Andy Patten, an EMI engineer at Milwaukee-based Astronautics Corp. of America, has been playing Ultimate (sometimes called Ultimate Frisbee) for almost 12 years. Despite a busy work and family life, he still makes time to play two to three times a week and to play in a few weekend tournaments, sometimes traveling across the country.
According to Patten, the sport of Ultimate is growing in popularity, especially in the Midwest, but also all over the world. Ultimate has been a full-medal sport at the World Games since 2001, and Patten hopes to see the sport in the Summer Olympics in the future.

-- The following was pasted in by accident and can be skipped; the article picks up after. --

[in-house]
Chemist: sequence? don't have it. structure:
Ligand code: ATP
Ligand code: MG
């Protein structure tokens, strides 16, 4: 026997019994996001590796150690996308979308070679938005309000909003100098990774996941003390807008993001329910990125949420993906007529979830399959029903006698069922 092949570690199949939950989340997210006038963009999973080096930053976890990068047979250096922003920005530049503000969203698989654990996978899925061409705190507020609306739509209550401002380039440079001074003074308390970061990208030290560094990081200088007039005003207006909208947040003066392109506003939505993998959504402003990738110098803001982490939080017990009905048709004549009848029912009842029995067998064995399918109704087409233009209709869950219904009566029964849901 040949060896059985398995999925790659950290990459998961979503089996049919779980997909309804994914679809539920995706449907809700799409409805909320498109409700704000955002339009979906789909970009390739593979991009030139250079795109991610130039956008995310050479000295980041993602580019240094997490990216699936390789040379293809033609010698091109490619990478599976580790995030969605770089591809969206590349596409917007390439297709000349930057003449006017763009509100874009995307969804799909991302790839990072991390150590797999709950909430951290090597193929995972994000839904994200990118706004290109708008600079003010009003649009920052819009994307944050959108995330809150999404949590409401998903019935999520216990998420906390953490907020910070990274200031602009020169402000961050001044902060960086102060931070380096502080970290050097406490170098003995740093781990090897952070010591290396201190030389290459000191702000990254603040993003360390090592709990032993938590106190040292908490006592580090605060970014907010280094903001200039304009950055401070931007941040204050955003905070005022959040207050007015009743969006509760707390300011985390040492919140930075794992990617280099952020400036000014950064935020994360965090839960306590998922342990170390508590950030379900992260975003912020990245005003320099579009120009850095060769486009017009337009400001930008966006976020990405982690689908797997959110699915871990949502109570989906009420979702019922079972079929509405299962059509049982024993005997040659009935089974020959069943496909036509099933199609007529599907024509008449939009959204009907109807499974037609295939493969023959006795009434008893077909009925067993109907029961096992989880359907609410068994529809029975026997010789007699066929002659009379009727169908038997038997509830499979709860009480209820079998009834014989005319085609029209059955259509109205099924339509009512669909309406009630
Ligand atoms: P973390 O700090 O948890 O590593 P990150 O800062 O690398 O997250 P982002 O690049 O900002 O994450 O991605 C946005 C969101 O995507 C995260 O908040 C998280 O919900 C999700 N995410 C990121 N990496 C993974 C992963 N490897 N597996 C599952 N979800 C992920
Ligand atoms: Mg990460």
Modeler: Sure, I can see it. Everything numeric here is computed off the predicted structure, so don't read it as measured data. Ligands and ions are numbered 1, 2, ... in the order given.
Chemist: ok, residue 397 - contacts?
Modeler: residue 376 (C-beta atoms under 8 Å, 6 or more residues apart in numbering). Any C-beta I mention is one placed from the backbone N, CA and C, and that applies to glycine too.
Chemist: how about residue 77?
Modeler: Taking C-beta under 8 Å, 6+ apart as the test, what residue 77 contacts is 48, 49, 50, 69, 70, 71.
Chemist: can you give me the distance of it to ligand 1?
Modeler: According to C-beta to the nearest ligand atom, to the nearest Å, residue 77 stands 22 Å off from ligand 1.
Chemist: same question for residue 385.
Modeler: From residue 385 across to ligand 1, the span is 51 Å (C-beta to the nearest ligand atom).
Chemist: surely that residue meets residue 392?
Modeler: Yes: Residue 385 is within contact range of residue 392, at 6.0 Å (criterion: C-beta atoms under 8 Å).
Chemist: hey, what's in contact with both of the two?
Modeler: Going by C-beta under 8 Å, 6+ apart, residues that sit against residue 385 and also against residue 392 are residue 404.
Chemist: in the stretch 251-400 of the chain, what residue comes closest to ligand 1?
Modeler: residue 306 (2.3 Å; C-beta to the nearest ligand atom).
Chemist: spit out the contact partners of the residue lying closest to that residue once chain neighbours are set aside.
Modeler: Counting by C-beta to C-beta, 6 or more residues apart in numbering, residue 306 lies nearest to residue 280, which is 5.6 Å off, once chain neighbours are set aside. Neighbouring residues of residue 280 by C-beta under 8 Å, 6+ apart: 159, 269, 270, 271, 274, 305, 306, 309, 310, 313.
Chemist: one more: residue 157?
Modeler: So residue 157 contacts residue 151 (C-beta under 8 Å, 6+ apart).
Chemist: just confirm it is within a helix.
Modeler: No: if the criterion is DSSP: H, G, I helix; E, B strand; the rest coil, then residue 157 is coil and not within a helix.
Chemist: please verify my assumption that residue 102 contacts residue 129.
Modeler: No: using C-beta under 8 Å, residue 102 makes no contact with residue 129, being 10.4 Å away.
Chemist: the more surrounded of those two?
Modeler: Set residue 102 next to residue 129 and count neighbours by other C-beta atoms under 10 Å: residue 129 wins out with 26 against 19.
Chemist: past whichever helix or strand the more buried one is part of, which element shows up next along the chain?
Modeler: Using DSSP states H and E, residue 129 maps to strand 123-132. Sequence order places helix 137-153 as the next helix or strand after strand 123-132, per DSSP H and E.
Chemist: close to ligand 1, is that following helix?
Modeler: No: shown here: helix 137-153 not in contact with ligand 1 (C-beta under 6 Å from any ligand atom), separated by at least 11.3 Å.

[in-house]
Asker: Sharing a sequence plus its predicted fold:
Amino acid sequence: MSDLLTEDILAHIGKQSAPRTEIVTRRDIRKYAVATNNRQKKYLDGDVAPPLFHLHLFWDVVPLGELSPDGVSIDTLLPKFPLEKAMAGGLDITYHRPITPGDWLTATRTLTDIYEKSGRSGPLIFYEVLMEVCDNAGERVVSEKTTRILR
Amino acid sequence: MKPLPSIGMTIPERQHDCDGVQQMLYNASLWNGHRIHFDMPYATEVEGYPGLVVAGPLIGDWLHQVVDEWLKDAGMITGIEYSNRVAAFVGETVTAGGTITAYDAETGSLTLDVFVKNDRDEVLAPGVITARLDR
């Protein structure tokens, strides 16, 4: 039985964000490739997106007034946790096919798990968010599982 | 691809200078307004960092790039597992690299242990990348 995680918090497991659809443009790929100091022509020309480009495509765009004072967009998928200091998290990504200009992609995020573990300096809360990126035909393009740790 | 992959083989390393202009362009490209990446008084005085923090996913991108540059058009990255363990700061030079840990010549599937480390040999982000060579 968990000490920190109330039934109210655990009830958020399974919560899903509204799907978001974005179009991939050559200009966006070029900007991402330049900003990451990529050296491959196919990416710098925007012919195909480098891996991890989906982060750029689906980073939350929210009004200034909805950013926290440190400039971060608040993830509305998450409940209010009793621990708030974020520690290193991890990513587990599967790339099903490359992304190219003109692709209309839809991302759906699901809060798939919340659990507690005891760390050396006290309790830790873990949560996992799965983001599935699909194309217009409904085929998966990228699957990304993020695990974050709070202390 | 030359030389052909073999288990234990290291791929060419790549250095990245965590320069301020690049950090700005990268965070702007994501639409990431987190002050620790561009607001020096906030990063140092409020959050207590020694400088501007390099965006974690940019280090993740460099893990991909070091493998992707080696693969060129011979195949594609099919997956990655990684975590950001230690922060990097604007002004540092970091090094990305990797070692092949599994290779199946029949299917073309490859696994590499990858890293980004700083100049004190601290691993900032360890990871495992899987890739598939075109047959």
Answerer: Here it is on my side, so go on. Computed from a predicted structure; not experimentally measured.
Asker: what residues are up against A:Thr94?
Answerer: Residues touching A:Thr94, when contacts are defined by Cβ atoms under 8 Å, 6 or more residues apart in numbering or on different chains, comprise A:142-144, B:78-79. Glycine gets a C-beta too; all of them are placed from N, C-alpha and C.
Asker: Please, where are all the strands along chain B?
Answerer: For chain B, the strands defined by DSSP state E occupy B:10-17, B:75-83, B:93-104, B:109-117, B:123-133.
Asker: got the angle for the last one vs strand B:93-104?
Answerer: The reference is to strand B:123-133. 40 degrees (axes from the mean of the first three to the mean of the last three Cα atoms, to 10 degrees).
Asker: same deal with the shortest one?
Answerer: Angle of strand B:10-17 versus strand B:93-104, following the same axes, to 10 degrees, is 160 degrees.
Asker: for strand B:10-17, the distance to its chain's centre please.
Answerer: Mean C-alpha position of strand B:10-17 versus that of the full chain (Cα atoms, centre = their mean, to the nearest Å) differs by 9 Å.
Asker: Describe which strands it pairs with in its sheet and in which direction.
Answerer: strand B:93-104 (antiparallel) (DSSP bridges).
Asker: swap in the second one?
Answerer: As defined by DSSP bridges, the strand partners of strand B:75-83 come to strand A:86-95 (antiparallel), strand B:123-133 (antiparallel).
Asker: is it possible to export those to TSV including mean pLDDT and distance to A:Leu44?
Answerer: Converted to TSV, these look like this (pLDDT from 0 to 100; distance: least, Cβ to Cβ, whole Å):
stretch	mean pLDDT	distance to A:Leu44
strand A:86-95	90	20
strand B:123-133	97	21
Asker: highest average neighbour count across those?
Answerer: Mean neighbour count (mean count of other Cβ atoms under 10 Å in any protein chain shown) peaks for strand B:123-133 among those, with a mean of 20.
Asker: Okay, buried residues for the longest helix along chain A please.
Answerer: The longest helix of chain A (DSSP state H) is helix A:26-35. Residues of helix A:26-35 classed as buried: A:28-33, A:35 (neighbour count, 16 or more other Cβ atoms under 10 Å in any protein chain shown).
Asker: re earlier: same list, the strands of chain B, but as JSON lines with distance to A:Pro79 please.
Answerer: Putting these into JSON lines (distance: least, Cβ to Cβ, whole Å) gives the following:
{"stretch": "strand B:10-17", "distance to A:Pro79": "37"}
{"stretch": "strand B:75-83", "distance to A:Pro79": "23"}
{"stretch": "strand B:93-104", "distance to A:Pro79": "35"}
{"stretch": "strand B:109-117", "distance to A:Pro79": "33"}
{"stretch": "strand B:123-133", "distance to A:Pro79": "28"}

"It can be difficult, but the best way to describe it, for someone who hasn't played is a high-intensity, fast-paced sport that uses rules similar to football and basketball," Patten said.
Teams of seven players work to get a flying disc into the end zone, similar to football, to score points. Players must establish a pivot foot, similar to basketball, and cannot simply run with the disc, Patten said. The first team to 13 points wins.
Patten formed his own club team, Danger Zone, in the Milwaukee area and has also run one of the leagues in the area. He plays competitively two to three times a week year-round and travels to play in tournaments during the summer and the fall.
Most games last approximately 90 minutes.
"It's something I definitely plan to keep doing as long as I'm able to do so," he said. "It's really the community of players for me. I really enjoy spending time with these people and organizing events that will help build the community up. It's exciting to see the enthusiasm build around the sport, especially in our area."